Thursday, 23 July 2015

I say data, you say dAta...

We're working on statistics and data at the moment.  I threw the kiddos in the deep end by providing a  pile of data displays and letting them investigate.  Here's what we discovered:

Our next step was a snap shot of our current thinking about the definition of data, which we did on

Some interesting ideas here that we delved into:
  • History you can check - this raised the notion of qualitative versus quantitative data
  • Sorted information - this raised some question about the difference between data and information. I didn't give the the answer to this quandary yet, I'm still hopeful that they'll come to it themselves.
  • Collection of information - not yet having distinguished between data and information this was the most exciting point for me because it came up time and again which told me that there was a basic understanding.
We ran through a whole gamut of possibilities of what constitutes data to try to whittle down our understanding even further; and then compared which type of data might be easier to represent or analyse.

After much to-ing and fro-ing we took another snapshot of our understanding.

Information still features highly (as does funky?!?!) but there's a broader range of ideas now.

At this point, once again I've thrown them in the deep end. I directed them to the CIA World Factbook to collect data to build a data display comparing Australia with 9 other countries in Asia.  That was my whole instruction. A couple of looks of disbelief later (not sure if that was from the ridiculously ambiguous task instruction or mention of using CIA data) they all scurried away to get into it.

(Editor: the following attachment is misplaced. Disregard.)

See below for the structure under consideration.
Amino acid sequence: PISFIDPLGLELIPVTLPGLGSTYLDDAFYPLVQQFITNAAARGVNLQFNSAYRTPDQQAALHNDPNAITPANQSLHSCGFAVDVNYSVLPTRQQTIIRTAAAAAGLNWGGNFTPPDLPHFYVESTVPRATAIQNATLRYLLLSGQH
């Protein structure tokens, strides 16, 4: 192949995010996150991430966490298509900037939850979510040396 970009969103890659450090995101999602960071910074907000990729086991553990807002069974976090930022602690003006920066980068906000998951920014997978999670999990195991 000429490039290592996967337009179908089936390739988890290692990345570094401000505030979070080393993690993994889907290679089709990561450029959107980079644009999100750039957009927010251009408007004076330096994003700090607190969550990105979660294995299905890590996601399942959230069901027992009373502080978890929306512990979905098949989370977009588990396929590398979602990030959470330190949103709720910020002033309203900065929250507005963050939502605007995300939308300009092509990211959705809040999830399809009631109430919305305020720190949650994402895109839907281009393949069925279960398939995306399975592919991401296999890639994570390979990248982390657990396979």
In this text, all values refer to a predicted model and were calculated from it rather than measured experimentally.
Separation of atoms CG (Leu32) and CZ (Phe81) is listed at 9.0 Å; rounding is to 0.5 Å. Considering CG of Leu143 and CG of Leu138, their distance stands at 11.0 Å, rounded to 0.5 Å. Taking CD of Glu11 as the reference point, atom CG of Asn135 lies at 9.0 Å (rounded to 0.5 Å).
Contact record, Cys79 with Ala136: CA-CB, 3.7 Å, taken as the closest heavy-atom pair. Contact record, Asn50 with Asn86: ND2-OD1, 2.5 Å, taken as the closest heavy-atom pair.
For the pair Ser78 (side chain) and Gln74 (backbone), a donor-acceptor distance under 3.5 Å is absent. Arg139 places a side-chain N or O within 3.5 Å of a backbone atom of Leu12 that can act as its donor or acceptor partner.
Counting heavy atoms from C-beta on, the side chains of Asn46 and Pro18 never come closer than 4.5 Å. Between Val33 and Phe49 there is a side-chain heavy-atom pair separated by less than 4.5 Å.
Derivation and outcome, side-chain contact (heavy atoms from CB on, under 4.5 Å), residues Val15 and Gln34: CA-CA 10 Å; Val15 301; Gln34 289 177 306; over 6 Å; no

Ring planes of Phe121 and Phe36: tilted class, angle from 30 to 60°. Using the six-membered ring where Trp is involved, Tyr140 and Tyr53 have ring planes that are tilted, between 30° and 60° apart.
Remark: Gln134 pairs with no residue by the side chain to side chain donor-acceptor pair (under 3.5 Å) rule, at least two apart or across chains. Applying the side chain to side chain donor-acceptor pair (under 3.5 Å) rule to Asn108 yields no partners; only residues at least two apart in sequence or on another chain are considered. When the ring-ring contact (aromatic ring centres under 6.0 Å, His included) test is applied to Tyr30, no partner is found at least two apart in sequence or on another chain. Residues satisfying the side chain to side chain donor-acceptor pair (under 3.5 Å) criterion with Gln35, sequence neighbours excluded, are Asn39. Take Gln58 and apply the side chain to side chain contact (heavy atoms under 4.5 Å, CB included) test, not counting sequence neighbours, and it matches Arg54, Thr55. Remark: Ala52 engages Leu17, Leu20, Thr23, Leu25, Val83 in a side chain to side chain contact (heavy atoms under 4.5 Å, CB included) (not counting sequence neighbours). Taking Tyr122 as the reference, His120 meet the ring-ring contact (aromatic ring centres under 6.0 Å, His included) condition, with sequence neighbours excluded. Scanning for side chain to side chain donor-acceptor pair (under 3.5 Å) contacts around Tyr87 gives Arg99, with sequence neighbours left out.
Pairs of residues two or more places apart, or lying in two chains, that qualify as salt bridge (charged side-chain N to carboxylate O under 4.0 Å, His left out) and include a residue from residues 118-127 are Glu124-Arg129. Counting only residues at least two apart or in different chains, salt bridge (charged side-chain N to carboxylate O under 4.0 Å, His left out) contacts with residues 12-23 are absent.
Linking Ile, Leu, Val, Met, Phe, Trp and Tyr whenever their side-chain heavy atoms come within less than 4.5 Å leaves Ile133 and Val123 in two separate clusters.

Asia, and Australia's place in it, is a topic we've just started this week. It's tied loosely to a big unit on Ancient India we'll be doing with our whole team later in the term but we're starting more contemporarily and broadly.  
General knowledge of which countries are actually in Asia was pretty scant. I will admit to being surprised, but gave everyone the benefit of the doubt because we've only just started learning about it.  Call me mean, but I let them all struggle with finding the relevant countries. A few had a look at the map on the wall, some others pulled out old-school atlases, a couple searched for 'lists of Asian countries' on Google. The rest turned to me. And I smiled and asked them to have another think.  Ha!

As a group they were pretty tech savvy so the act of making a data display wasn't a particularly big challenge. Choosing the right data display for the data they'd collected is a slightly different matter, and prompted some rich discussions.

How do you teach data and statistics?

This relates to the following Australian Professional Standards for Teachers...
Standard 2 Know the content and how to teach it
Standard 3 Plan for and implement effective teaching and learning


  1. I don't teach it but I do it every single day. I'm kind of stuck in a rut at the moment and mostly use pivot tables. I'm not overly imaginative with data presentation because it makes sense to me. Finding ways to present so others find it easy to understand is the hardest part.

    1. Hmmmm.... Maybe you could come and talk to the class about how you use data? That could be a very cool link to the real world for them.